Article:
DCU has arguably the longest and deepest fan experience and tradition to draw from. They have been rocking the lower bowl of RFK for over 15 years, have plenty of hardware to their name… Whether they have been managing the brand well is arguable, but it’s clear there is a lot of latent brand value around DC United that the new owners can tap into. Good luck to them.


    • Posted by Gregorio on 2012/07/15 at 12:20 PM

      Well Said Sam, Its true that there must be an emotional connection or experience for people to buy into, simply using jargon or corporate strategies to maximize or prioritze profitability over team success will be sniffed out by fans with great BS detectors. Some take time to ascertain owners true intentions.
      Anyway brand should be an expectation or shared belief/value; look at the Yankees or Liverpool as examples of branding(please don’t hit me with lean years as a critique)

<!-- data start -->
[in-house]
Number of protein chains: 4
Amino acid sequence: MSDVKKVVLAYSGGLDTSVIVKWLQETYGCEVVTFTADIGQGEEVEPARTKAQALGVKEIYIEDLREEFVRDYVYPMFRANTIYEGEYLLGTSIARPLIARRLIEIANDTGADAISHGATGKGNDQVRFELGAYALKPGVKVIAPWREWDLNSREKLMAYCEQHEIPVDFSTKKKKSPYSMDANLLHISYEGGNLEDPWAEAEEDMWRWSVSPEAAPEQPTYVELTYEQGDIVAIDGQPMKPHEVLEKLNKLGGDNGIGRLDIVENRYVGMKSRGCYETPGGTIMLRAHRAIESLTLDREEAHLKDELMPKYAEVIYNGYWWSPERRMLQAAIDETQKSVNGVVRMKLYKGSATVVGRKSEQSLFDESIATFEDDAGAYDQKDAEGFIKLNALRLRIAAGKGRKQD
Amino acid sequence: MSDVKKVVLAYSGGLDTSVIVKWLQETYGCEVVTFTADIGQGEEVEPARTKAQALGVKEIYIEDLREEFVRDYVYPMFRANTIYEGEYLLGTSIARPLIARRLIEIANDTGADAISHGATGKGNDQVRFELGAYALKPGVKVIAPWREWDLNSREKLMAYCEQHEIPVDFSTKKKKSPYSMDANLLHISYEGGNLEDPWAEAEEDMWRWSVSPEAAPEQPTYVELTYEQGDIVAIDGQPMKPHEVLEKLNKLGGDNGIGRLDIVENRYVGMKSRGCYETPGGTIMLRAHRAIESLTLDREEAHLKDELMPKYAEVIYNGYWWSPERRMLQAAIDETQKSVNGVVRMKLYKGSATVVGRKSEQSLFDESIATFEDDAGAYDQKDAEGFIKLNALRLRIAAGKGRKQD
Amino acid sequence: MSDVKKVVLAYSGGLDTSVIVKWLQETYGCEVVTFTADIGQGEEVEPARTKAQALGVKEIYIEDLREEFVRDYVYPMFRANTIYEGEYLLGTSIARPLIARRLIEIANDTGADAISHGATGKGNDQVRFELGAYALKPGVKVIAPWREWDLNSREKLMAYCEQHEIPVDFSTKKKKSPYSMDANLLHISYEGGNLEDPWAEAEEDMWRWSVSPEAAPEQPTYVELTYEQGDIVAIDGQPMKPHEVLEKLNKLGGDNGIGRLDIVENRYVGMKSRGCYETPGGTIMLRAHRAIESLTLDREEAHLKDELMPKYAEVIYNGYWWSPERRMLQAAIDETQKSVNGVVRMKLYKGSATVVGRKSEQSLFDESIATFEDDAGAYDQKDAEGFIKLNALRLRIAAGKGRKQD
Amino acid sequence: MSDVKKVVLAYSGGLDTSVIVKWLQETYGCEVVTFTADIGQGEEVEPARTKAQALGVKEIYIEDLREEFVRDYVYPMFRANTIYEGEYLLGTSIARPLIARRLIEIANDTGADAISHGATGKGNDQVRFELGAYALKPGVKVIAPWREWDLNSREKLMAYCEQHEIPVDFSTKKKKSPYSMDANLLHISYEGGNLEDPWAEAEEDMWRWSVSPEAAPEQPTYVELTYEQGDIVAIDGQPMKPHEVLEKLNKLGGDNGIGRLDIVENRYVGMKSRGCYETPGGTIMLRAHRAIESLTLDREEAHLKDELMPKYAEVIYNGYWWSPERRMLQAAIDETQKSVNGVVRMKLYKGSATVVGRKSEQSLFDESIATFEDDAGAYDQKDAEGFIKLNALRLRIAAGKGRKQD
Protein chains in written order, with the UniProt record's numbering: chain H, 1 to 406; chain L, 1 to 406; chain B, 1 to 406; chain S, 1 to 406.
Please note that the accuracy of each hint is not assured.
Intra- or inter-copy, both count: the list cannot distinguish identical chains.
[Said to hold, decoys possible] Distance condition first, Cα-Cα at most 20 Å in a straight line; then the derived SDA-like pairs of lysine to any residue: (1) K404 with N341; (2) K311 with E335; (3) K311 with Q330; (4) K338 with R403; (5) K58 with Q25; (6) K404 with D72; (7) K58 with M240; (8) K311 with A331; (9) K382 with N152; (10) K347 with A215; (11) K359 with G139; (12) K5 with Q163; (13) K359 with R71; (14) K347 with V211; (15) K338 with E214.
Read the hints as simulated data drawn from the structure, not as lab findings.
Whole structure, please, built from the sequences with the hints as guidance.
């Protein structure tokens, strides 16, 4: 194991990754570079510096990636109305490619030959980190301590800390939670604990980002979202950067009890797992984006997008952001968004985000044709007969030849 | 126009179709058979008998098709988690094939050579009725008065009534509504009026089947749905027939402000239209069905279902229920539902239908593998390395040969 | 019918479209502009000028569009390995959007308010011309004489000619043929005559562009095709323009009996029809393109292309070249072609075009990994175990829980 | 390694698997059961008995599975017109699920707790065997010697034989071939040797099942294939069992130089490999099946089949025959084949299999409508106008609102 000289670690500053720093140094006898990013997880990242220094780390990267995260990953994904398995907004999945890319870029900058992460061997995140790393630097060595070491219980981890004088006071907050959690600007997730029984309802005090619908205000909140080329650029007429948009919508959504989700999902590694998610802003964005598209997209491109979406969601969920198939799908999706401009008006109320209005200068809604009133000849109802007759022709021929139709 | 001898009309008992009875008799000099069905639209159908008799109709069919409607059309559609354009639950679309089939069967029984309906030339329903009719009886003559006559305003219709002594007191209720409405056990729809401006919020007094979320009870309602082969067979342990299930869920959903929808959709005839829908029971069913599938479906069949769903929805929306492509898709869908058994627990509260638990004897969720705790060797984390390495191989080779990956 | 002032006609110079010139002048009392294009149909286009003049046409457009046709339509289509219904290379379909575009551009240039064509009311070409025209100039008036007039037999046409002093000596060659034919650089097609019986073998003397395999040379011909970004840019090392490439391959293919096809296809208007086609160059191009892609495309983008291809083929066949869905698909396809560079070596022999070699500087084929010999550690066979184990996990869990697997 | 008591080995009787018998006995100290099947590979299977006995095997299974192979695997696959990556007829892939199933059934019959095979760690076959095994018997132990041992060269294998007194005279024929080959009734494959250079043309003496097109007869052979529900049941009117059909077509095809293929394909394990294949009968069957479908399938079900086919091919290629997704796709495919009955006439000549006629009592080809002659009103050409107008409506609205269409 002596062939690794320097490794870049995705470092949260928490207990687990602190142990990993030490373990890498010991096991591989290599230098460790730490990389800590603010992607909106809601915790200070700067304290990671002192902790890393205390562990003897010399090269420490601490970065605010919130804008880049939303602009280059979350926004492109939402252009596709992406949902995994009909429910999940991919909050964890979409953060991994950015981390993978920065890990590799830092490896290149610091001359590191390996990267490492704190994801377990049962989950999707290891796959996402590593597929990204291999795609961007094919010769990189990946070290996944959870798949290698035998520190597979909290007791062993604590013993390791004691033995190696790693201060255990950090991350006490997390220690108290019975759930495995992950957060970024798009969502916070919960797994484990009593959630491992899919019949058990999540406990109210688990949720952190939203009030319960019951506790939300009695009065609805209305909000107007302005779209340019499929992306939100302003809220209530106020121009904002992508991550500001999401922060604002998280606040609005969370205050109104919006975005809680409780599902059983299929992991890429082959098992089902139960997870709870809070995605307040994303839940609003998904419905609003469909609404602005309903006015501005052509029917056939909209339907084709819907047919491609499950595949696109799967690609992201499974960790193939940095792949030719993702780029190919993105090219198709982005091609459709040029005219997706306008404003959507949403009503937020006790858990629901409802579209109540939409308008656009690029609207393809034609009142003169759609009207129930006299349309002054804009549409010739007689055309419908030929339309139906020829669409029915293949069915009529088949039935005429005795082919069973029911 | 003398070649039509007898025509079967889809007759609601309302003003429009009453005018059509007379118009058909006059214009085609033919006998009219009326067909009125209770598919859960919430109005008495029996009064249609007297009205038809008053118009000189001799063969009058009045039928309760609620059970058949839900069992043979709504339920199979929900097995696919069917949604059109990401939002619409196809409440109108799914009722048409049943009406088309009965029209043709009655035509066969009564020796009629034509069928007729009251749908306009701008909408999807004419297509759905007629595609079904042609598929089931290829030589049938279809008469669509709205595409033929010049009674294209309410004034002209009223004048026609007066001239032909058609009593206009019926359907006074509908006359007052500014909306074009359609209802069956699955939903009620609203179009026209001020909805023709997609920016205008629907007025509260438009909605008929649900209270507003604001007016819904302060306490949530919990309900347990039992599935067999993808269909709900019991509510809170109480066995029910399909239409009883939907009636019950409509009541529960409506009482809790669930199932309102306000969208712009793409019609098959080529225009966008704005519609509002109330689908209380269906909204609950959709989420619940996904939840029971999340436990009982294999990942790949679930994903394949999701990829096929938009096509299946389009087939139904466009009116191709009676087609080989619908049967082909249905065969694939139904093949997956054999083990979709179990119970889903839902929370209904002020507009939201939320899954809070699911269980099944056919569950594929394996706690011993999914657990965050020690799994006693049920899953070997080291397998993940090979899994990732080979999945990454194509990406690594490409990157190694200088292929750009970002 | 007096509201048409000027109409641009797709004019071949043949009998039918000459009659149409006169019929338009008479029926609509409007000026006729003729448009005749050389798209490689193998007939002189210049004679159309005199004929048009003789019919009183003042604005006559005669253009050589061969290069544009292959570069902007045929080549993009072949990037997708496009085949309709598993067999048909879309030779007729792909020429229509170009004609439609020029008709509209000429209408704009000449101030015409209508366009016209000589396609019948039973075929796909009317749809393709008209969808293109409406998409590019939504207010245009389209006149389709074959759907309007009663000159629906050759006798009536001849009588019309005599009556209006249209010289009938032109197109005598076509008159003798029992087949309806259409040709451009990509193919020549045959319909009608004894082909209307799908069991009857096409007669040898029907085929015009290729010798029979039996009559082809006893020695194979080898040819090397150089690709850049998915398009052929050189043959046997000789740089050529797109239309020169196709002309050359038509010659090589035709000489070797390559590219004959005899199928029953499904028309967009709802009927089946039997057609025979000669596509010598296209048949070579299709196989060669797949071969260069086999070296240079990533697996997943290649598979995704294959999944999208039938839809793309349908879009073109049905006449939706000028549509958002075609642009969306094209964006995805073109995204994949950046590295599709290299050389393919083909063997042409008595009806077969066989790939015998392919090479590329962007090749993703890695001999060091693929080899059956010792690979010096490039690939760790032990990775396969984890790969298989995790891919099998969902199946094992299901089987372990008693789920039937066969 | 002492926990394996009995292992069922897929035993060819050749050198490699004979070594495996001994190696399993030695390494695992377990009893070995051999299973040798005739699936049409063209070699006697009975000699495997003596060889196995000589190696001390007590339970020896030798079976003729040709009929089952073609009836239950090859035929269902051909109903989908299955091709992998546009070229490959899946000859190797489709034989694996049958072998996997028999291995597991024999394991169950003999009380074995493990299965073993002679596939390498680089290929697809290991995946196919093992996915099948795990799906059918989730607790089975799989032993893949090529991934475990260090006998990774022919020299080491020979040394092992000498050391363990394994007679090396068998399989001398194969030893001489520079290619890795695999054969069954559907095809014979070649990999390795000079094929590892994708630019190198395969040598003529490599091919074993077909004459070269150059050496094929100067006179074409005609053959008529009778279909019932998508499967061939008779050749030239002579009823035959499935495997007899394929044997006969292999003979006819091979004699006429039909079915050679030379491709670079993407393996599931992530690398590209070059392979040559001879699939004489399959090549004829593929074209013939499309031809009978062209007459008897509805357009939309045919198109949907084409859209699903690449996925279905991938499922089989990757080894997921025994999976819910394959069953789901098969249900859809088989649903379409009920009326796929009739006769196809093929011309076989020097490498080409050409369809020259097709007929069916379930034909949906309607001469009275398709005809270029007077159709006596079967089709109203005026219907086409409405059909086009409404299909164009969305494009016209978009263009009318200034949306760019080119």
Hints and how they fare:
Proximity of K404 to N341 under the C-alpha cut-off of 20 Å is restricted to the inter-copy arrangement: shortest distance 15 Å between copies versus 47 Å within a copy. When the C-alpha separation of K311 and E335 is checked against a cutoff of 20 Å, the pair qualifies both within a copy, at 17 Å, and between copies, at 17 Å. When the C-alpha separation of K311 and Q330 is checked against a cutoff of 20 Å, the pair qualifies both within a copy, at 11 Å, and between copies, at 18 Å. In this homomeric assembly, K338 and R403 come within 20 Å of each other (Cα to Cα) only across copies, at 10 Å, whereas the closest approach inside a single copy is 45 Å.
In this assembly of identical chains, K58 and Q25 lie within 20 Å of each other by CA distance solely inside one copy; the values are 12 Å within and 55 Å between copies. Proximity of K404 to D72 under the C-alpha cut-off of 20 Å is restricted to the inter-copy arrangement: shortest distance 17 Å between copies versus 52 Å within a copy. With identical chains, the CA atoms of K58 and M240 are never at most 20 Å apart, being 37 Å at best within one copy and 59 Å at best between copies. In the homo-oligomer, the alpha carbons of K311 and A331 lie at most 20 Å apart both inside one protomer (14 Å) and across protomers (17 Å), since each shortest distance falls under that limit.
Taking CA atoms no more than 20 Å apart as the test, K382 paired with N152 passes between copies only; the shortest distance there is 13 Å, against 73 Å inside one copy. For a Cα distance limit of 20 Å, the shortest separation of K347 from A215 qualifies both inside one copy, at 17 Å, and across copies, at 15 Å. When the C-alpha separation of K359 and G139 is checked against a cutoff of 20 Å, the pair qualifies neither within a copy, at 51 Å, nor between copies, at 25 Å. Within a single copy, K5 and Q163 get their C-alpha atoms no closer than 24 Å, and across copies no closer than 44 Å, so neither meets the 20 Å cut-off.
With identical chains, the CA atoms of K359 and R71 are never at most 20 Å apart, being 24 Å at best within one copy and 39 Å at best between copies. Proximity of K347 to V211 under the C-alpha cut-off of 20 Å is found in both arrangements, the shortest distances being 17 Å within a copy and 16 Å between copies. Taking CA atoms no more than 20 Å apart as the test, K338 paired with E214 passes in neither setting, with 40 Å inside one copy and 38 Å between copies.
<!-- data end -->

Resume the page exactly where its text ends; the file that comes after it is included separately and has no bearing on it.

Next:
How abiout when you stay at a hotel, do you have same expectations staying at the Four Seasons as you do staying at the Red Roof Inn? For me MLS teams seem to be more like fights between a few Hyatt/Hilton frnachises and the rest are Comfort inns or Days Inn.
      Disclaimer, I’m on vacation all summer with the family so hotel selections seem important to me, have to have WIFI so I can read the Shin Guardian. Freaking Hotels want to charge me extra $$ just to read about my Footy!


  6. Why is it that AEG promotes and invests in LA attempting to establish an international brand while the Dynamo is lucky to have Kinnear and Canetti.


  7. Posted by Hal on 2012/07/15 at 8:35 PM

    i’m not sure brand and club cancel each other out. You can have a club like Manchester United that is also a worldwide brand.

    One of the things about MLS that has made it harder to identify with the league and its teams is the way the teams have been branded as franchises and not clubs. Franchises may not offend the NBA or NFL fan. But I can tell you that a lot of soccer fans have a hard time rooting for a franchise.